Wigand of Marburg

From Wikipedia, the free encyclopedia
Jump to navigation Jump to search

Wigand of Marburg (German: Wigand von Marburg)[1] was a German herald of the Teutonic Knights in Prussia and one of the notable chroniclers of the Middle Ages.

Wigand expanded upon the earlier work of Nikolaus von Jeroschin. His Chronica nova Prutenica (New Prussian Chronicle) is one of the principal sources of information used for the history of the Prussian lands and parts of the adjoining Grand Duchy of Lithuania, covering the period between 1293 and 1394.[2] Originally written in Middle High German rhymed prose, the work combined actual accounts with legends, folk tales, and myths. Out of an estimated length of 17,000 lines, only about 500 have survived to the present day.[2] However, in 1464, the Polish chronicler Jan Długosz ordered a translation of his work to Latin, which has survived almost intact.[2]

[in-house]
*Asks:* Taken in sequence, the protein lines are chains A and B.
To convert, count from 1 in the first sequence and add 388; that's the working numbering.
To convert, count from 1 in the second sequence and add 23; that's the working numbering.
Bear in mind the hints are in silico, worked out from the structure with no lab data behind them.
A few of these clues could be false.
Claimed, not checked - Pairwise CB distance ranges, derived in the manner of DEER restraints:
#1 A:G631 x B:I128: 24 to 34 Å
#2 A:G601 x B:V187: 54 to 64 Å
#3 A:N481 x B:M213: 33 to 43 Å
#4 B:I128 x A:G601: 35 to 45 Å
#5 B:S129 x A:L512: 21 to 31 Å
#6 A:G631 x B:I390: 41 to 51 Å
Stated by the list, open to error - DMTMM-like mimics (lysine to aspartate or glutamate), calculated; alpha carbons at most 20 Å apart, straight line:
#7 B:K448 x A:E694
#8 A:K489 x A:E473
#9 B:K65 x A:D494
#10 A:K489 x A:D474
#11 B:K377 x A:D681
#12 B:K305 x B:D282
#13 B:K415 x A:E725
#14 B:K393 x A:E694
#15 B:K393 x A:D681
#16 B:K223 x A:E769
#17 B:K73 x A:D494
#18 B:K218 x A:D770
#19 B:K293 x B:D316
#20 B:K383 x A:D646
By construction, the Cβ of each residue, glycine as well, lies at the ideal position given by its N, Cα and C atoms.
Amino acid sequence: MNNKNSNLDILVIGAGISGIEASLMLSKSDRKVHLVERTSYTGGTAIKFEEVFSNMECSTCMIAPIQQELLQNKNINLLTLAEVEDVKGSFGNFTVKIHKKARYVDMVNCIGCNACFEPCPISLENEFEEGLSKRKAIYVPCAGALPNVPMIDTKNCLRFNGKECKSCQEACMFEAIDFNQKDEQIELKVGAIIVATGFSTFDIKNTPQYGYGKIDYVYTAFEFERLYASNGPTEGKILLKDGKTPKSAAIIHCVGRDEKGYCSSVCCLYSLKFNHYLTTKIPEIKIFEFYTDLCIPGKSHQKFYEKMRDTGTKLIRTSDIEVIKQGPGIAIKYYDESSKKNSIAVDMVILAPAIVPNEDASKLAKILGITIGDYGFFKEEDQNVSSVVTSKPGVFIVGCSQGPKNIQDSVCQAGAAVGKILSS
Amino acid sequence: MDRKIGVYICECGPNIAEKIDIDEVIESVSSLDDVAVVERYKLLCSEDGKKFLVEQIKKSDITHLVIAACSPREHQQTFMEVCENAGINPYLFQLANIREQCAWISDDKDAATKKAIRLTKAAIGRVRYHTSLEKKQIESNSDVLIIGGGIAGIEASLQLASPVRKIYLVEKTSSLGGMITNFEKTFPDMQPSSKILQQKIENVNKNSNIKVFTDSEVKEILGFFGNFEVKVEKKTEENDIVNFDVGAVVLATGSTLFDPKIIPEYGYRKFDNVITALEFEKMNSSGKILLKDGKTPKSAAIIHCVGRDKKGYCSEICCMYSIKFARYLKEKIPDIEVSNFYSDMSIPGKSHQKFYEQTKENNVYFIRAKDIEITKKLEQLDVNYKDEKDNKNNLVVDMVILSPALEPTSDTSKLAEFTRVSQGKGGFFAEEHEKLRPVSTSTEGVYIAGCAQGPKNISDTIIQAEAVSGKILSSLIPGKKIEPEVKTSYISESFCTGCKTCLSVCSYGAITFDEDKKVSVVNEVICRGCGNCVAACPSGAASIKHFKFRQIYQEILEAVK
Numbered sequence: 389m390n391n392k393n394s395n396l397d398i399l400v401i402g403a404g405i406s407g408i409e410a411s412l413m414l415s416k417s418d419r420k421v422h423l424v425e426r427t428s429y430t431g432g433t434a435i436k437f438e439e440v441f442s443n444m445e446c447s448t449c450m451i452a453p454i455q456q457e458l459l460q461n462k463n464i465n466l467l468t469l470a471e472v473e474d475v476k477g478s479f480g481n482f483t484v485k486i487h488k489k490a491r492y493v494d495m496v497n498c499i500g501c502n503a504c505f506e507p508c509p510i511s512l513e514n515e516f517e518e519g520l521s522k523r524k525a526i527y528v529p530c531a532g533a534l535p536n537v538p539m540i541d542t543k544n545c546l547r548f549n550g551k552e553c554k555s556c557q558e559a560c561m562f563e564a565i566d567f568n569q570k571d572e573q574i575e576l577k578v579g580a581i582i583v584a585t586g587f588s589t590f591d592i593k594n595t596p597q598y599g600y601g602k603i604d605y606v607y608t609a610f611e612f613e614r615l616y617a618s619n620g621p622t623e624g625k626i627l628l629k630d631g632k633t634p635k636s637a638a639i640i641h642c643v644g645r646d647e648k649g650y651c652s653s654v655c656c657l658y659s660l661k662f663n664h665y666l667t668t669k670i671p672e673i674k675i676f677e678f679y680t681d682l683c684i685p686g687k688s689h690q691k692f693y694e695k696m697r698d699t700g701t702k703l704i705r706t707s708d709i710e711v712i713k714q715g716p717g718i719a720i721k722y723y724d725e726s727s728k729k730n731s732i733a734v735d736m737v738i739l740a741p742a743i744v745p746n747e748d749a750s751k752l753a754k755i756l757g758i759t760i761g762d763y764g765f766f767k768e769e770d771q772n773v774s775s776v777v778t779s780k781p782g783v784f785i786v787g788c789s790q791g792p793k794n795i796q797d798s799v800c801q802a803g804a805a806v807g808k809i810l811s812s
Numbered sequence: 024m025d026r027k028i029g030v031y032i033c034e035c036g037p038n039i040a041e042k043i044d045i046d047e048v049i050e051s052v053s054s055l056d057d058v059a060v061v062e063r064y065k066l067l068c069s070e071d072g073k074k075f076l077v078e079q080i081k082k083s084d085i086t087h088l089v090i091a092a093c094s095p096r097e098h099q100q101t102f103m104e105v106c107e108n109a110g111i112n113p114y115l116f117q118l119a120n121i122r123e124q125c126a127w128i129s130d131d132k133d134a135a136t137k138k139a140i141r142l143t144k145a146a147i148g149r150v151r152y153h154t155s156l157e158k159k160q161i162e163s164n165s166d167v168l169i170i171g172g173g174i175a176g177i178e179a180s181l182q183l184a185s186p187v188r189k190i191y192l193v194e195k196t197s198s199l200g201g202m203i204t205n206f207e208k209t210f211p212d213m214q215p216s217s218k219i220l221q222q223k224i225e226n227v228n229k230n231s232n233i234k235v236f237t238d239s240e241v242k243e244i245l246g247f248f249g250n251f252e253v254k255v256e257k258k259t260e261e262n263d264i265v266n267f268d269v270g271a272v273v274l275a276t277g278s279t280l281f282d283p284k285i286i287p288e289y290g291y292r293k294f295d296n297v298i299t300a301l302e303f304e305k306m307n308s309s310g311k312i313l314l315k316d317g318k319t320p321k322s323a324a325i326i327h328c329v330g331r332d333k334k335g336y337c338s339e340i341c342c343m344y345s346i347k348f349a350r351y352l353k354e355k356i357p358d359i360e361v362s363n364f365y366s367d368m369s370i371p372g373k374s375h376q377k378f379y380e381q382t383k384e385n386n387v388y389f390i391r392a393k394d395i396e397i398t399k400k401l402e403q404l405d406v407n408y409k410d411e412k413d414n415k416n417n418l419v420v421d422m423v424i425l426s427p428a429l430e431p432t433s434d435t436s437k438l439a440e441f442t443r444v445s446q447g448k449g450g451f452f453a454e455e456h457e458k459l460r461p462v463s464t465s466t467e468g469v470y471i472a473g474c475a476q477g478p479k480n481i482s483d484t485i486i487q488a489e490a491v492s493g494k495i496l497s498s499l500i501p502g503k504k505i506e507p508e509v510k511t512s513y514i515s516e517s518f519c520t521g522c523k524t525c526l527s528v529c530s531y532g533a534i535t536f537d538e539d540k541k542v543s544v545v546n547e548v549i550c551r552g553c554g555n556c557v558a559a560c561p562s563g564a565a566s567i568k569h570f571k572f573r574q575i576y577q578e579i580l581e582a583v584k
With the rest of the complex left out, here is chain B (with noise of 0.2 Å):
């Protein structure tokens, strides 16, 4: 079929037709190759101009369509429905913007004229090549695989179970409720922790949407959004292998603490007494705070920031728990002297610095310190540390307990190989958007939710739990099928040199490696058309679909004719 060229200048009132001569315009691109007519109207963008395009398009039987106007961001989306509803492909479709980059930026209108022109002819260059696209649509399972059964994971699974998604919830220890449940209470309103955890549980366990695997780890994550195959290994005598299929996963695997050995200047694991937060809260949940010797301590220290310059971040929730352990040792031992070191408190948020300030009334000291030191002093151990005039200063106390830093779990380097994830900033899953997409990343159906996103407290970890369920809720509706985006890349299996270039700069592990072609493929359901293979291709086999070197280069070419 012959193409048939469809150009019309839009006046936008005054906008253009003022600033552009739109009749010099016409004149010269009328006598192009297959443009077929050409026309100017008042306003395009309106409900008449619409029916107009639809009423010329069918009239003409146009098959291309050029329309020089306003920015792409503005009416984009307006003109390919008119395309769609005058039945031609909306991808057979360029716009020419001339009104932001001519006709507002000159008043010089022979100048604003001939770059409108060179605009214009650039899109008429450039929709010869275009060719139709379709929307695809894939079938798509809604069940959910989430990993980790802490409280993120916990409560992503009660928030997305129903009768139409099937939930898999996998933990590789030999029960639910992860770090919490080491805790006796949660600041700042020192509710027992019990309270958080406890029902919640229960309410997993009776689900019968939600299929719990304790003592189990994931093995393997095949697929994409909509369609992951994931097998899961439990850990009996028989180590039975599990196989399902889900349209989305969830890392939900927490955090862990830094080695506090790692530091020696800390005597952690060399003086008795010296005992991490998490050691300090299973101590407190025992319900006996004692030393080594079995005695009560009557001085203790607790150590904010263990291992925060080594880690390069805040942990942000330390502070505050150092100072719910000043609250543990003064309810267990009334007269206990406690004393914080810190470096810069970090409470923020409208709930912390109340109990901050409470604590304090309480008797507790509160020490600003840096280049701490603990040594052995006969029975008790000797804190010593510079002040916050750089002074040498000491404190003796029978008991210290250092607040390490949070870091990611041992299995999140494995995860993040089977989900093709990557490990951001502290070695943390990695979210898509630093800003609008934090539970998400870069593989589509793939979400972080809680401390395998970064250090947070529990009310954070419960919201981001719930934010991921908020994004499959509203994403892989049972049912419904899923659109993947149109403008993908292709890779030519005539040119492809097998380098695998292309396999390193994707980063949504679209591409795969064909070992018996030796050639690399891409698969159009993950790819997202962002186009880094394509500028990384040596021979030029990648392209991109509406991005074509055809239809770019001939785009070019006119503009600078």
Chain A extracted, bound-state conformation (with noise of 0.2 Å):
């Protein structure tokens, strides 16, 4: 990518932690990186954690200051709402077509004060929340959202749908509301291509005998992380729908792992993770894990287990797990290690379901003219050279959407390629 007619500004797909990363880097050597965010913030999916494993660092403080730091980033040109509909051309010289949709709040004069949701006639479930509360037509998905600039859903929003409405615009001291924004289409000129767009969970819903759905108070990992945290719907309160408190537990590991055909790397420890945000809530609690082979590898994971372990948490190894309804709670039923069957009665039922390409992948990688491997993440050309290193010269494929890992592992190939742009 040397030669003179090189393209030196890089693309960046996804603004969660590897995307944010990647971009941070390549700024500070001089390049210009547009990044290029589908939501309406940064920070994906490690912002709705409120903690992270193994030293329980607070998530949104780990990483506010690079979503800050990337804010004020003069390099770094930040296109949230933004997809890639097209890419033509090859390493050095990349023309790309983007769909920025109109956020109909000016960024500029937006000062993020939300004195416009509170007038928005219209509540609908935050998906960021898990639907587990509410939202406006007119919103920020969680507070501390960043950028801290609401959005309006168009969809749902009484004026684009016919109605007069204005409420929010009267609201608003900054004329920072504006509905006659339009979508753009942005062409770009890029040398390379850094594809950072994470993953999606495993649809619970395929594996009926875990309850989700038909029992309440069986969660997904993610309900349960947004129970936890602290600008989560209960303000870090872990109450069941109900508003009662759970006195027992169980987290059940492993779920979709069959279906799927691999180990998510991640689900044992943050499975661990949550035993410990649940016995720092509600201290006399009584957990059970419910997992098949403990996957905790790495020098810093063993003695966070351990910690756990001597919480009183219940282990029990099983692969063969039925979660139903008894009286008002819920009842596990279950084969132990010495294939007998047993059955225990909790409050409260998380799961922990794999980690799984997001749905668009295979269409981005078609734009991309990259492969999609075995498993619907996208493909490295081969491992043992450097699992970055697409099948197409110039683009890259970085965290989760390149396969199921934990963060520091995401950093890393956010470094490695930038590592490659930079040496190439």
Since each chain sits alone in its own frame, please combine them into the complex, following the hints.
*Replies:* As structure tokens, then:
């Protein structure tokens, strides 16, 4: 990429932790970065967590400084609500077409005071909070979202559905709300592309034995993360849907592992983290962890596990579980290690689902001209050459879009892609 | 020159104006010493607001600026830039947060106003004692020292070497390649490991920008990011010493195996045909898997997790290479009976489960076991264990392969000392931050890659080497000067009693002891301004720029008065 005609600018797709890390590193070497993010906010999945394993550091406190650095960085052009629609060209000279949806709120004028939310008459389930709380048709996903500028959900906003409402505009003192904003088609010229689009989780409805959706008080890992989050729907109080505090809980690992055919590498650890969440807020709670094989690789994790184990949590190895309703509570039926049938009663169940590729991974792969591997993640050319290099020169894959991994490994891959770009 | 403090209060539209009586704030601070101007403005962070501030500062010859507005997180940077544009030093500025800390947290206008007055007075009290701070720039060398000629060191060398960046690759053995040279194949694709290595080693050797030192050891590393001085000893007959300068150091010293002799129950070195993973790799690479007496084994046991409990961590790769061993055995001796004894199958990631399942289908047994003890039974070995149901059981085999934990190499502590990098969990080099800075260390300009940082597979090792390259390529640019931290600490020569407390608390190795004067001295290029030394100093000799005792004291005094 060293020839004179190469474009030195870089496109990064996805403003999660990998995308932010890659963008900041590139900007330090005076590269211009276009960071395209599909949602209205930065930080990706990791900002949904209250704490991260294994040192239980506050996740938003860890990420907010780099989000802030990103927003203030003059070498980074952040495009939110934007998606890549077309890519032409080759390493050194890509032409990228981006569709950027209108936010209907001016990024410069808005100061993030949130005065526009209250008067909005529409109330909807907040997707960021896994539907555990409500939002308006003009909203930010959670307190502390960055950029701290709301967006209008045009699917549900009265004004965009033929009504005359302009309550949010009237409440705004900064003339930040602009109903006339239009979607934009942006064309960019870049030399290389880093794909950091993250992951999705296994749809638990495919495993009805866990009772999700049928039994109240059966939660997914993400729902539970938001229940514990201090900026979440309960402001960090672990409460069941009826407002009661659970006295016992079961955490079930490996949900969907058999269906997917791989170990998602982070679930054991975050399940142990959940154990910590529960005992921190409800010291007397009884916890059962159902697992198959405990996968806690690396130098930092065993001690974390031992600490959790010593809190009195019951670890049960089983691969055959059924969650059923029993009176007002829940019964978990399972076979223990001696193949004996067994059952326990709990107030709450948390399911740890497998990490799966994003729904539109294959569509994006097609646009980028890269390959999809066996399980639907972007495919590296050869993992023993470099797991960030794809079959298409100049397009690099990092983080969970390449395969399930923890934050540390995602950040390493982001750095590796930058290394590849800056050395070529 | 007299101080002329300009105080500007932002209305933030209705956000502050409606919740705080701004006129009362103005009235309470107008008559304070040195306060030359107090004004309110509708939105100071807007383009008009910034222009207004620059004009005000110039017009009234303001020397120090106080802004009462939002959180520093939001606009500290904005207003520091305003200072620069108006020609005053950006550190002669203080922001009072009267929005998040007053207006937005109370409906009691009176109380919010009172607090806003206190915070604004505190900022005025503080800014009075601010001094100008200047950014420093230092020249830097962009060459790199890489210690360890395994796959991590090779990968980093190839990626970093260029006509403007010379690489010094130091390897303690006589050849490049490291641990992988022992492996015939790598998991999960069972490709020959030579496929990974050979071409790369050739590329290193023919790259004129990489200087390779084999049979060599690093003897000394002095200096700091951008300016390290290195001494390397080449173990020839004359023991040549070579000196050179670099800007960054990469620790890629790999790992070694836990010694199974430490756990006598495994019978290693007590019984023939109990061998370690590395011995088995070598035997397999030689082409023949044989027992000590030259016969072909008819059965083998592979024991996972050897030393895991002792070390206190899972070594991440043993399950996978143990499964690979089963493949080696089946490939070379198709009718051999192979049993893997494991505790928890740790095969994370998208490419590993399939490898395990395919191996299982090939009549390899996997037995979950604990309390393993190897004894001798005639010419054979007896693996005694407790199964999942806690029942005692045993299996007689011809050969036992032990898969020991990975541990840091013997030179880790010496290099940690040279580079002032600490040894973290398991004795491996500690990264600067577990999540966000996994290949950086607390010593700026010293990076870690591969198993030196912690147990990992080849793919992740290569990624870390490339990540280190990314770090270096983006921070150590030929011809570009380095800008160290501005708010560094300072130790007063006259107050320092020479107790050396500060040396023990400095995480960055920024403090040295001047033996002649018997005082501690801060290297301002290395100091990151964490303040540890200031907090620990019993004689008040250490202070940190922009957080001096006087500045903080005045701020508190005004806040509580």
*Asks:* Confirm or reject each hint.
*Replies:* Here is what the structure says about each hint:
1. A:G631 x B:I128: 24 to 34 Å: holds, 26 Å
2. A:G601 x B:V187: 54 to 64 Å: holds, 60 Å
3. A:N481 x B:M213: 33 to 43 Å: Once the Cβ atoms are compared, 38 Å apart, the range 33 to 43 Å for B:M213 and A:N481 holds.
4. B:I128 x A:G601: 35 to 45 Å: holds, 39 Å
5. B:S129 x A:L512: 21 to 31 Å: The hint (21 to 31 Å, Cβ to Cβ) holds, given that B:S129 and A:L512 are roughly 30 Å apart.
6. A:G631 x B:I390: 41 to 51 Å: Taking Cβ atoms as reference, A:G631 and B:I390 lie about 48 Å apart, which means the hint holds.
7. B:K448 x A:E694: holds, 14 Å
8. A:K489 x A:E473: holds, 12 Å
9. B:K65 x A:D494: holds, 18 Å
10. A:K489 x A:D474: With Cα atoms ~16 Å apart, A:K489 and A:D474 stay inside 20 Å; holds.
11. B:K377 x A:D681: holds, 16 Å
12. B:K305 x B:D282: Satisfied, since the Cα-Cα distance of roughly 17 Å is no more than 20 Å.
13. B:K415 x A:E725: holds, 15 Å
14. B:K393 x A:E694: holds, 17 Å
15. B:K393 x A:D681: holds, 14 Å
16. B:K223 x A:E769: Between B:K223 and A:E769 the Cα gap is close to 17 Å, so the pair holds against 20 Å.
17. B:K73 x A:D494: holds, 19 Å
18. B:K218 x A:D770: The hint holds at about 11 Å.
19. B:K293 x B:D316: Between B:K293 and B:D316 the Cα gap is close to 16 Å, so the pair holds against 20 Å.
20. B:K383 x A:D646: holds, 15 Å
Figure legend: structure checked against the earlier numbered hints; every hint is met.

Notes and references[edit]

  1. ^ Note that von Marburg is a purely descriptive title added to his original name of Wigand by later historians, rather than a proper surname. Also the von should not be confused with a preposition used in later times to denote someone's noble status
  2. ^ a b c Endre Bojtar (2000). Foreword to the Past: A Cultural History of the Baltic People. Budapest: Central European University Press. p. 184. ISBN 963-9116-42-4.